History of Oswego County, New York, Town of Richland
History of Oswego County, New York

History of Oswego County, New York

1789 – 1877





                As the tide of immigration rolled westward the territory was rapidly surveyed and civil divisions erected. In 1792 the territory embraced within the present boundaries of this town comprised a portion of the old town of Whitestown, Herkimer County. Mexico was set off from Whitestown April 10, 1792. Williamstown was formed from Mexico March 24, 1804, and Richland was erected from Williamstown February 20, 1807, nine years prior to the organization of Oswego County.

            It retained its original dimensions until 1817, when Rowel was set off. It was again reduced in area in 1825 by the erection of Sandy Creek and Albino. In 1836 a part of Mexico was taken off, and a part set off to Orwell in 1844. It lies upon the shore of Lake Ontario, north of the center of the county, and its surface is generally level, broken by several deep ravines. The principal streams are Salmon river, Deer and Sandstone creeks, and Trout brook.


The First Settlement

“Though we charge to-day with fleetness,

Though we dread to-morrow’s sky,

There’s a melancholy sweetness

In the name of days gone by.”

            To call up from the dim vista of the past incidents of more than three-quarters of a century ago, the place before the readers of t0-day a glimpse of early scenes and actors, while it is attended with much difficulty, is a pleasing task, as there’s a sweetness in the annals of days gone by.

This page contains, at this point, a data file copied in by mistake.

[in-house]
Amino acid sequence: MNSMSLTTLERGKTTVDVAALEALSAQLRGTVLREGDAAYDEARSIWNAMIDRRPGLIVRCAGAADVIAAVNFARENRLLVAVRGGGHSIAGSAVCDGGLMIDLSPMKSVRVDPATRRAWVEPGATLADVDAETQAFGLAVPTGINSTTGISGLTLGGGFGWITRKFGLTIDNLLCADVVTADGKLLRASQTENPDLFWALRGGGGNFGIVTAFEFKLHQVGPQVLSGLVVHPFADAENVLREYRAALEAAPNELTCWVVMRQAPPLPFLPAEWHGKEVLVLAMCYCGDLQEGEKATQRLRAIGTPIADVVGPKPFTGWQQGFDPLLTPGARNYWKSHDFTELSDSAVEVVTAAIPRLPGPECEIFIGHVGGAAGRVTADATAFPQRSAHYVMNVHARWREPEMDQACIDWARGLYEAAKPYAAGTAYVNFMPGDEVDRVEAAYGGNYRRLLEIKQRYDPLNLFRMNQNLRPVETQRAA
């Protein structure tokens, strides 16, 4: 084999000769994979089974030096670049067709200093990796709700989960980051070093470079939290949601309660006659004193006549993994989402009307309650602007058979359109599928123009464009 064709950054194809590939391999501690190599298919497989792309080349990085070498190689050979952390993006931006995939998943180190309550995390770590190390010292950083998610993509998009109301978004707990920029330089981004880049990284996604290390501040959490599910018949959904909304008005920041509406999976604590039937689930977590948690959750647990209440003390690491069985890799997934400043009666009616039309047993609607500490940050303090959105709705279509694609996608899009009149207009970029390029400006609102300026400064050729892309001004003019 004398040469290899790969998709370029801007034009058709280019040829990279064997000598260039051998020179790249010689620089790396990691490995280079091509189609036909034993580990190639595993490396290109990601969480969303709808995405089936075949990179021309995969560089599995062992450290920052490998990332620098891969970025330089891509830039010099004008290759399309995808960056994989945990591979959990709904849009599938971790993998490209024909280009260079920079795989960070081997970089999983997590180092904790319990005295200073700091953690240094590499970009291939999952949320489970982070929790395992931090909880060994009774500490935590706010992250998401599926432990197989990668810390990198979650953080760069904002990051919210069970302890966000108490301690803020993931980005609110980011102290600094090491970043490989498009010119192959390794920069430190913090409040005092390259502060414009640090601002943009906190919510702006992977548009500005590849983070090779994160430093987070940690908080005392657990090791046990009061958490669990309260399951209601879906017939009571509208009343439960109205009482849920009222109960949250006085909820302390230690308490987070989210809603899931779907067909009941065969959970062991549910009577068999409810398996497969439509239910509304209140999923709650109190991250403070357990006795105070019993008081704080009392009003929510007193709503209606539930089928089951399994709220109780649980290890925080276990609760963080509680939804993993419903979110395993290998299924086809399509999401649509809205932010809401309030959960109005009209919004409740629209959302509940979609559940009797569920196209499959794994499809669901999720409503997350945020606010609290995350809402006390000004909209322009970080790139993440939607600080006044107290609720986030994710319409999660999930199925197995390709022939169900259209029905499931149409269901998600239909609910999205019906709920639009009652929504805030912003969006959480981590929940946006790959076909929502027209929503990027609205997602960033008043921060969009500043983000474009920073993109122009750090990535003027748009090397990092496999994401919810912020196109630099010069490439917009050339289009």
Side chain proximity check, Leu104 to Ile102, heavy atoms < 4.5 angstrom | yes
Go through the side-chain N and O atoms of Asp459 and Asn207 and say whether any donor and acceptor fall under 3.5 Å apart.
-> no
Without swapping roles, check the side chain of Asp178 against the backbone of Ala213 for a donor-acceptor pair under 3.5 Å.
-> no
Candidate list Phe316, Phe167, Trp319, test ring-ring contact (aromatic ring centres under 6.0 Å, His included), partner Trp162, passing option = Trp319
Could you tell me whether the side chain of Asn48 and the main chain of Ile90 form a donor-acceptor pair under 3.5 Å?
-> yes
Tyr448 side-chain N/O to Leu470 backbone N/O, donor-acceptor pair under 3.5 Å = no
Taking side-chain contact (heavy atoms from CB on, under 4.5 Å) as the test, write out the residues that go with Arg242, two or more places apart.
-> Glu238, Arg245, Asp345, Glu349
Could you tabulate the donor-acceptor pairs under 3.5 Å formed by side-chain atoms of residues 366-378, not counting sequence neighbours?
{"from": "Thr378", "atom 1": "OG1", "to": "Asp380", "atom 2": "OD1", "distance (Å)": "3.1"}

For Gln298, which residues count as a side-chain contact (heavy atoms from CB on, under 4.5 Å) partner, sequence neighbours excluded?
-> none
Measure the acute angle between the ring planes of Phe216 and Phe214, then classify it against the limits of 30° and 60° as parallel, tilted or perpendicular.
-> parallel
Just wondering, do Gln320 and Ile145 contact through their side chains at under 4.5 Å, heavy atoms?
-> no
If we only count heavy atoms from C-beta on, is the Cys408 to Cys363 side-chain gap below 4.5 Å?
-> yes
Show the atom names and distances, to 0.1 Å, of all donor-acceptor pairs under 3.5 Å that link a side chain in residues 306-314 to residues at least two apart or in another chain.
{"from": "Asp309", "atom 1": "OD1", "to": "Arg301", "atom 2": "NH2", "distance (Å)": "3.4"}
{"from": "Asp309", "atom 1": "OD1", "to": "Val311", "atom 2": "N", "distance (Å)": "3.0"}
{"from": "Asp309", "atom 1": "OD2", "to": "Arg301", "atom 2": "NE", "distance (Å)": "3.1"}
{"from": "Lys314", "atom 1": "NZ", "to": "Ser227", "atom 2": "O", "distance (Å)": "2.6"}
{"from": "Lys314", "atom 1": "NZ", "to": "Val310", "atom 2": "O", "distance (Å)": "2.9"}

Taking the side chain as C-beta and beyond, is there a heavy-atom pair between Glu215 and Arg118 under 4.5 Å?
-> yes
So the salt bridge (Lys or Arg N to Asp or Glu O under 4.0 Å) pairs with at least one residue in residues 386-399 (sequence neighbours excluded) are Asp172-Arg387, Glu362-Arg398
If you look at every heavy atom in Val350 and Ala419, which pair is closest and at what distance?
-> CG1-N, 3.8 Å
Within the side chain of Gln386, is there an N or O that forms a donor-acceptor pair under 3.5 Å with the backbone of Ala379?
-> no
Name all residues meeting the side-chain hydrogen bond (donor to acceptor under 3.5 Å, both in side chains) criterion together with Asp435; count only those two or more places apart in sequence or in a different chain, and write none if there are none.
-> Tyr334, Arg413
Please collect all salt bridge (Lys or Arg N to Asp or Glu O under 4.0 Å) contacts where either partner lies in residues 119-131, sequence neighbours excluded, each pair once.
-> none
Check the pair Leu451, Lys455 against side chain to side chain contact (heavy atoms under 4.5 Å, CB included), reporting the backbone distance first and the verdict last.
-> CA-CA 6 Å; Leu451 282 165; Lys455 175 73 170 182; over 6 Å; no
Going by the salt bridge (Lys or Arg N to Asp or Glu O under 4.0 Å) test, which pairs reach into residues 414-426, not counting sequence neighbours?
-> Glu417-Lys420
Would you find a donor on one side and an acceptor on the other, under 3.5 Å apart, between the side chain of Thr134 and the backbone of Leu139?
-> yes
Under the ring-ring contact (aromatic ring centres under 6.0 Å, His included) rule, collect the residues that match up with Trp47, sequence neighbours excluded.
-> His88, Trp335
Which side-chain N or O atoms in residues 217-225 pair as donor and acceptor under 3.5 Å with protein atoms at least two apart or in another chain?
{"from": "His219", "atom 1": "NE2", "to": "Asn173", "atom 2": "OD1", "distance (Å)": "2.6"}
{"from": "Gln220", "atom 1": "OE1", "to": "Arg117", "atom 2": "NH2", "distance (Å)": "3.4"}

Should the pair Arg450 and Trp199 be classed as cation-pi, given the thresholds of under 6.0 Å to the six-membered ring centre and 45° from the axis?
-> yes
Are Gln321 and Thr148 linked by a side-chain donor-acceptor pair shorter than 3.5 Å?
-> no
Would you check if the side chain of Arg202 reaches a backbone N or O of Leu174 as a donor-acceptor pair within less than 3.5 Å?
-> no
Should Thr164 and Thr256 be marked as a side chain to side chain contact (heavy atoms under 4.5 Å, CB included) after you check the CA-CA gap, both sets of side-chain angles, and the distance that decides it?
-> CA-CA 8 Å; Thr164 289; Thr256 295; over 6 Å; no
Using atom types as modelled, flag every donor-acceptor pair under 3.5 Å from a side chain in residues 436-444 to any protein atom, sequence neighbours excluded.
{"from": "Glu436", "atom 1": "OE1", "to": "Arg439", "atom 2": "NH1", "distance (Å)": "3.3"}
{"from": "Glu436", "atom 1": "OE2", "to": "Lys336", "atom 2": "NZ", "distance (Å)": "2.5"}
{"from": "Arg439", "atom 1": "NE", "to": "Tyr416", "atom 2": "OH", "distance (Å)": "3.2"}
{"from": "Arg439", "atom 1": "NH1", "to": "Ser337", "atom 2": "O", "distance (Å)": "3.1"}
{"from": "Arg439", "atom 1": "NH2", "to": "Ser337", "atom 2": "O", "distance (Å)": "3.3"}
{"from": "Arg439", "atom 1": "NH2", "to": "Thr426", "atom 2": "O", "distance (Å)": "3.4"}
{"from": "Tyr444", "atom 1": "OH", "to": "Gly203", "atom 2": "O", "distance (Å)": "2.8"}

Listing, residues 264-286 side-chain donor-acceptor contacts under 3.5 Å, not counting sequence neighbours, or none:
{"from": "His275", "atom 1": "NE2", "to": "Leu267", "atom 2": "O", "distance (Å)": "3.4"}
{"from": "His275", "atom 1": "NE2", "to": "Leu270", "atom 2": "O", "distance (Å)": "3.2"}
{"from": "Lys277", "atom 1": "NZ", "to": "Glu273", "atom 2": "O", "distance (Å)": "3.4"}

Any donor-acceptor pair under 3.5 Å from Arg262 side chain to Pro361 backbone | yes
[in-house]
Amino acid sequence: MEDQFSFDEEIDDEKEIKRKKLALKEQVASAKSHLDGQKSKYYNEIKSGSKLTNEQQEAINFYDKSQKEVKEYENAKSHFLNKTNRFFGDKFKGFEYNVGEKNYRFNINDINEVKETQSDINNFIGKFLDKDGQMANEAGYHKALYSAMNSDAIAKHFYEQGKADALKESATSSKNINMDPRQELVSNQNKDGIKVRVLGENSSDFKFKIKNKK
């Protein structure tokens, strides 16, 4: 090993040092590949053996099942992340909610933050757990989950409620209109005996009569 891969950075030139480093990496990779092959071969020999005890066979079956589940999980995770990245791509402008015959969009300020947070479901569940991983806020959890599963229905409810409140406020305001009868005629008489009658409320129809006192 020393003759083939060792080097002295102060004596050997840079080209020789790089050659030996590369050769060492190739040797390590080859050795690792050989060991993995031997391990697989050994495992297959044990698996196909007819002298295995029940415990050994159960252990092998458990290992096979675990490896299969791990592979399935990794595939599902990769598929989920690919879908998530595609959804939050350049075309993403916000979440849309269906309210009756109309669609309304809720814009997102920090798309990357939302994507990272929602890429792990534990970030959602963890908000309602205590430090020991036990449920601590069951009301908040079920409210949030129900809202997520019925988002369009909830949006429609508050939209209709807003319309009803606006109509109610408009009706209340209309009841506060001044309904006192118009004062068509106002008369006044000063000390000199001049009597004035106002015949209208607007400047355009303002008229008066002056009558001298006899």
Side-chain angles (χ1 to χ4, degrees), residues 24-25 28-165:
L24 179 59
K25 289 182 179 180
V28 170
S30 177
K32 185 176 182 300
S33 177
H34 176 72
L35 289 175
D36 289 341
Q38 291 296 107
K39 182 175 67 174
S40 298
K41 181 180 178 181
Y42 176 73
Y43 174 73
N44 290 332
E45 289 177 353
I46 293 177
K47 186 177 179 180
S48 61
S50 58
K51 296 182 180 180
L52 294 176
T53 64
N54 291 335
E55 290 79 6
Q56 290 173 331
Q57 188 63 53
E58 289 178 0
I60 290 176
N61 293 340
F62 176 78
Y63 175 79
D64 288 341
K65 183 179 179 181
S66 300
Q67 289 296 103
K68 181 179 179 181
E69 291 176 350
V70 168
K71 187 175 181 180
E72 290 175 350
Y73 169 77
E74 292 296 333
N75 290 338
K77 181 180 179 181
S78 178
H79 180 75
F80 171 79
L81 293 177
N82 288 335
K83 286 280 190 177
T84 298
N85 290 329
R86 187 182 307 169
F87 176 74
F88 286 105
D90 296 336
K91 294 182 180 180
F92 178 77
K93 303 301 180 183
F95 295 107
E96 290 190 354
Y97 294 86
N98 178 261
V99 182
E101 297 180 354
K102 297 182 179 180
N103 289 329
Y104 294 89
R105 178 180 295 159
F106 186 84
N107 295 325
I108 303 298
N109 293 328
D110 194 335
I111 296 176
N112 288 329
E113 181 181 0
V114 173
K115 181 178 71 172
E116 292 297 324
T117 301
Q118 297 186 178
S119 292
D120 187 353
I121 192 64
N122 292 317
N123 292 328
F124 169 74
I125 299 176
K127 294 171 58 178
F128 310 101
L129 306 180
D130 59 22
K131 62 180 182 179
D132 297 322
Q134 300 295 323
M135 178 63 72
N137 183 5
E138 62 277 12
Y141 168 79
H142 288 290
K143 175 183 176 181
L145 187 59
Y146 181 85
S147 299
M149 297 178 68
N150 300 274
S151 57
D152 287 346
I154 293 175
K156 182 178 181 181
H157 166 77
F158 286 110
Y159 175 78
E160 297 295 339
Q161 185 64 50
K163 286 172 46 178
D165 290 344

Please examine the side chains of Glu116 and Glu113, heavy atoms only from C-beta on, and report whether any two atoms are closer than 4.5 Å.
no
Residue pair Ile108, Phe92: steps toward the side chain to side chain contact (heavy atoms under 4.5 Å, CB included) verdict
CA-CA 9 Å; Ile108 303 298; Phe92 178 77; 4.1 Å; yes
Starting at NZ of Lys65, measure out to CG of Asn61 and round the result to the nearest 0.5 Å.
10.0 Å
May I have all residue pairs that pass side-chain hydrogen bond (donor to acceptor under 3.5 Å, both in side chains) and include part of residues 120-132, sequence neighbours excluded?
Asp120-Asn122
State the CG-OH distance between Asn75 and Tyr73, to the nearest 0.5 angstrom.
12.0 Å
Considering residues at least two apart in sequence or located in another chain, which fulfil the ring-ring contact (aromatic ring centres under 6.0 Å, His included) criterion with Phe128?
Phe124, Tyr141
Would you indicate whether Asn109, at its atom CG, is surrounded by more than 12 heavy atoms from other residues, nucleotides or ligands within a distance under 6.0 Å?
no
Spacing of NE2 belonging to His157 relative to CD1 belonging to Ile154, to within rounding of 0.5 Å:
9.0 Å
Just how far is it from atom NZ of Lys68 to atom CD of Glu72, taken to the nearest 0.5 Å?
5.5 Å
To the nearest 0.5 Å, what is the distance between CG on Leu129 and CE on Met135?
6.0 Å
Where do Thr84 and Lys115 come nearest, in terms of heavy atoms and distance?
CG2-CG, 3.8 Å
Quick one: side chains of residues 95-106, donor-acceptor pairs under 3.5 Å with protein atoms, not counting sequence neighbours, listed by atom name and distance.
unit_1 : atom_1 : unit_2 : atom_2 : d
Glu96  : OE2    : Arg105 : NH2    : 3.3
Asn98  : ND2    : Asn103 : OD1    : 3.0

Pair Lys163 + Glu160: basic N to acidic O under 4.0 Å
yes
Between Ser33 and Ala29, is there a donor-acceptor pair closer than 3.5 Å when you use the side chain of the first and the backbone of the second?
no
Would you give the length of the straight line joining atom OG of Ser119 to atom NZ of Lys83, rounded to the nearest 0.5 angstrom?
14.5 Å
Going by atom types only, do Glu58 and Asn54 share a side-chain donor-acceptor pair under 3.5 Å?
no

The first settlement of Richland dates back to 1801, when Nathan Tuttle and Nathan Wilcox, from Canada, located at the mouth of salmon river. Albert Bohannan settled during the same year at the mouth of Snake creek.

            Benjamin Winch settled near the mouth of Salmon river in 1801, where he remained a few years, and removed to the village of Pulaski. He was a surveyor, and assisted in platting the original town. By the capsizing of a boat on the lake in 1804 a number were drowned, leaving Mr. Winch the only adult male at Vera Cruz, now Texas. Conrad Ripson was an early settler at Port Ontario. The first settler at Brown’s landing was a trapper named Jacob Ellis, who came in 1805. Jonathan Hooker was a prominent pioneer in that vicinity. He was the owner of a large part of its shipping, and for many years officiated as justice of the peace. Morse Hooker, a son, now resides in Sandy Creek. Brown’s landing received its name from an early settler named Sylvester Brown. Joel Ellis, brother of Jacob, mentioned above, located in an early day on the farm now occupied by Mr. Jones.